A few highlights: Around the 12 minute mark they start a jam that reminds me of Wilco's Bull Black Nova, but of course is not really it at all, just similarly dark and nasty. Around the 26 minute mark they find a jam reminiscent of the Uncle John's/Feelin' Groovy jam the Dead would go into during the transition from China Cat into I Know You Rider during those glorious versions from around 73 - 74. Again, it's similar, but totally not the same thing. In fact, in listening back to the whole show, it sounds more like they're jamming the outro of the song Architect which they would play later in the set. But yet again, that's not quite it at all. Whatever this jam was, it lead to one of those moments of magic that Phish and their crowd seem to have mastered: during a start-stop jam in which the instruments all drop out, the audience spontaneously let out a "Woo!" The band immediately pick up on it, they go through it a few more times, build it up, and it leads to an ecstatic musical explosion. The band and audience would revisit the "Woo"s a few more times later in the show, during the set closing Antelope and encore of Tweezer Reprise.

What I find interesting in looking back on the experience, is how distorted time became. This has always been one of the things Phish is great at: taking a song for a walk, ending up in some unfamiliar territory, and then ending up back where you began the journey to finish the song off. With the right combination of mind-altering chemicals, which likely have already distorted your perception of time, it can be quite exhilarating and confusing. So we had the long Tweezer that took up half the set, and ended back where it began. But within that Tweezer, we also had a possible foreshadowing of what was to come later in the set with Architect. And what I haven't mentioned yet, is that the audience's "Woo"s foreshadowed another song the band would play later in the set, the aptly titled Twist. The lyrics in Twist reference things being all mixed up, and include the band calling out "Woo" throughout. Shit's getting weird.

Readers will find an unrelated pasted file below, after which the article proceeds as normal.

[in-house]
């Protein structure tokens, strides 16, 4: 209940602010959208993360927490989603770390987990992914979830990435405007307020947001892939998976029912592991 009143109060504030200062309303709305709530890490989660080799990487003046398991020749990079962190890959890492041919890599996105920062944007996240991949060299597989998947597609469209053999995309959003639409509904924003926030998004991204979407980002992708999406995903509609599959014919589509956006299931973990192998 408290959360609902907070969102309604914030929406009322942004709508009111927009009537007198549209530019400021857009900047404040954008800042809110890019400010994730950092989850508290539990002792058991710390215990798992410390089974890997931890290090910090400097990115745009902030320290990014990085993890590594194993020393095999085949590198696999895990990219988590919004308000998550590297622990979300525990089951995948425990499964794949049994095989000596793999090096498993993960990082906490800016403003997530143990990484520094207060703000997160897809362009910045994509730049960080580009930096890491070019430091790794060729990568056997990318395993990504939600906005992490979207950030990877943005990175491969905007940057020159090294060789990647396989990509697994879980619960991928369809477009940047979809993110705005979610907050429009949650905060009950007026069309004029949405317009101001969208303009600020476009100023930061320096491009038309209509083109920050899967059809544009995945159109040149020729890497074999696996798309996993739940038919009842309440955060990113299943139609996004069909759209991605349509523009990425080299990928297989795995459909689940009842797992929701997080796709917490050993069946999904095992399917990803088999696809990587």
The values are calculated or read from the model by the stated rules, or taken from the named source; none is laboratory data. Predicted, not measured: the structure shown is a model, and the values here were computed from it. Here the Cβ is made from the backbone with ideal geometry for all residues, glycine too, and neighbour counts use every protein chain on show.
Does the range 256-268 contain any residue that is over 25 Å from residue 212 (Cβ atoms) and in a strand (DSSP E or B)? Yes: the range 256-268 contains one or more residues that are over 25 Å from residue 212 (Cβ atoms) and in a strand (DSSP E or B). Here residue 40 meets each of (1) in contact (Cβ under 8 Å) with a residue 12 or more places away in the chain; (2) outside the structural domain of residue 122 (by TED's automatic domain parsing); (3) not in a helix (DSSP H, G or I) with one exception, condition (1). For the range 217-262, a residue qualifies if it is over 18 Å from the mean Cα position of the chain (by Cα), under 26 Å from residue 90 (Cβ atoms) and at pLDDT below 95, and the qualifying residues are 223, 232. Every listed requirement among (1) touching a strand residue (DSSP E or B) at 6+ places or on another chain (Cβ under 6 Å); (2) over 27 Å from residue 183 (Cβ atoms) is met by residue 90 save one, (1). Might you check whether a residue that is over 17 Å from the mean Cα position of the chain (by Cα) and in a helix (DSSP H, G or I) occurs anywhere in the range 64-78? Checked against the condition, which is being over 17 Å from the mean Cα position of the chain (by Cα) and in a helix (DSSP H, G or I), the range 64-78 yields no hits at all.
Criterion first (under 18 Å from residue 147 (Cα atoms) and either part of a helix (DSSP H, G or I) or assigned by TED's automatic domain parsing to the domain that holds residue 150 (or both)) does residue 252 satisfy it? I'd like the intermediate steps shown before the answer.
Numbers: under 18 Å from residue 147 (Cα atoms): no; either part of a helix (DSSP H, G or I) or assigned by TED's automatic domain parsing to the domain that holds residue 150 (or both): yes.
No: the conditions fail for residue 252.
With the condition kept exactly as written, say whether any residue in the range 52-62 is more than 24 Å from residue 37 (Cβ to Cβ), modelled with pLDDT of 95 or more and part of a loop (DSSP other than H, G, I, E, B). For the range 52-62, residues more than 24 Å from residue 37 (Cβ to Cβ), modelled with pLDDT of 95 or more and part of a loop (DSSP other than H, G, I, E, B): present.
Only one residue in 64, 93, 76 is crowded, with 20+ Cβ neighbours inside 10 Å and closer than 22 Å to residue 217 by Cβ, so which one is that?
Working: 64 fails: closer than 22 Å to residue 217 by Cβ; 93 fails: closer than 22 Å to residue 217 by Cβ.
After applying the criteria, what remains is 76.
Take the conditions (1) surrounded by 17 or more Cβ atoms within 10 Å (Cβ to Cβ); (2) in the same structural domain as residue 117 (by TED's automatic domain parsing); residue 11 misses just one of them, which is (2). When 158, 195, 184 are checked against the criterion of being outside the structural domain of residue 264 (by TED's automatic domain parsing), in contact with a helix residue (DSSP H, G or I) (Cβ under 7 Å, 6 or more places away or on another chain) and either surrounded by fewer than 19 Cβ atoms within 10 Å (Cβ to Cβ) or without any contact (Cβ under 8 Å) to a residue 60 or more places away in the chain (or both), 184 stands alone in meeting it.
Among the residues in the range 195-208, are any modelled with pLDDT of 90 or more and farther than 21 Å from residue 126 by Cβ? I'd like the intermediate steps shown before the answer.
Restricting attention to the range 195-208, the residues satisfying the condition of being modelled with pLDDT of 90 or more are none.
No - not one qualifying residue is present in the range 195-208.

I spoke your name for many days
Pronouncing it in several ways
And moving letters all around
And substituting every sound

And when you heard the end result,
I told you it was not my fault,
If you were here more of the day,
It wouldn't twist around that way

What is the central theme to this everlasting spoof? During great psychedelic experiences, time reveals itself as being non-linear. And on that night in Tahoe, there was some pretty heavy psychedelic shit going down. So, were those familiar jams and Woo's during Tweezer foreshadowing what was to come, or maybe as Terence McKenna described in True Hallucinations, a psychedelic"backwash," like ripples vibrating across Lake Tahoe to us from some future event. I know, sober me thinks it's a pretty cracked out theory too, but you should see what some other people are saying about the Tahoe Tweezer. So while these may be the insane ramblings of a deranged lunatic, at the very least it is some pretty good music.

7/31Official (J.Soto)

Ric Flair probably sums it up best:

Now that summer tour is over, some phishheads put together a best of compilation. Ten discs worth if you can handle that much Phish. Tahoe Tweezer included on disc 5.

Part 1
Part 2
Part 3
Part 4

01. Energy >
02. Ghost >
03. The Lizards (7/21/13)
04. Mike's Song >
05. Simple >
06. Weekapaug Groove (7/13/13)
07. Chalkdust Torture (7/16/13)
08. Quinn The Eskimo (7/17/13)

01. Rock N Roll >
02. Steam (8/3/13)
03. Sneakin' Sally Thru The Alley (7/27/13)
04. Lengthwise >
05. Maze (8/3/13)
06. Stash (7/14/13)
07. David Bowie (7/22/13)

01. Crosseyed and Painless (7/10/13)
02. Light >
03. Boogie On Reggae Woman (7/14/13)
04. Undermind (7/27/13)
05. Tweezer >
06. Cities >
07. The Wedge (7/12/13)

01. Down With Disease (7/22/13)
02. Seven Below (8/2/13)
03. Scent Of A Mule (7/14/13)
04. Rock N Roll >
05. Heartbreaker >
06. Makisupa Policeman (7/16/13)
07. Driver (8/3/13)
08. After Midnight (7/27/13)

01. Tweezer ->
02. Tela (7/31/13)
03. Golden Age
04. Waves >
05. Piper > (7/20/13)
06. While My Guitar Gently Weeps (8/5/13)

01. Rock N Roll >
02. 2001 (7/12/13)
03. Frost (7/17/13)
04. It's Ice (7/14/13)
05. Gotta Jibboo (7/30/13)
06. Run Like An Antelope (7/3/13)
07. Sanity >
08. Bold As Love (8/4/13)

01. Wolfman's Brother (7/30/13)
02. Harry Hood > (8/5/13)
03. Light >
04. The Mango Song > (7/5/13)
05. Say Something (7/27/13)
06. The Oh Kee Pah Ceremony >
07. AC/DC Bag >
08. Vultures (8/2/13)

01. Crosseyed and Painless (7/26/13)
02. Wilson >
03. Tweezer >
04. Silent In The Morning (7/16/13)
05. Dinner and a Movie (7/21/13)
06. Meat (8/2/13)
07. Energy (7/17/13)
08. Jesus Just Left Chicago (8/3/13)
09. Babylon Baby (8/2/13)
10. First Tube (8/3/13)

01. Prince Caspian >
02. Twist >
03. Ha Ha Ha >
04. Possum (7/20/13)
05. Light >
06. David Bowie (8/4/13)
07. Cars Trucks Buses (7/12/13)
08. Split Open and Melt (7/6/13)

01. Energy >
02. Runaway Jim > (8/4/13)
03. Carini (7/6/13)
04. Harry Hood (7/13/13)
05. Walk Away (7/30/13)
06. You Enjoy Myself (7/14/13)


An alternate video of the last 12 minutes of Tweezer, with some nice close ups showing the band and fan interaction: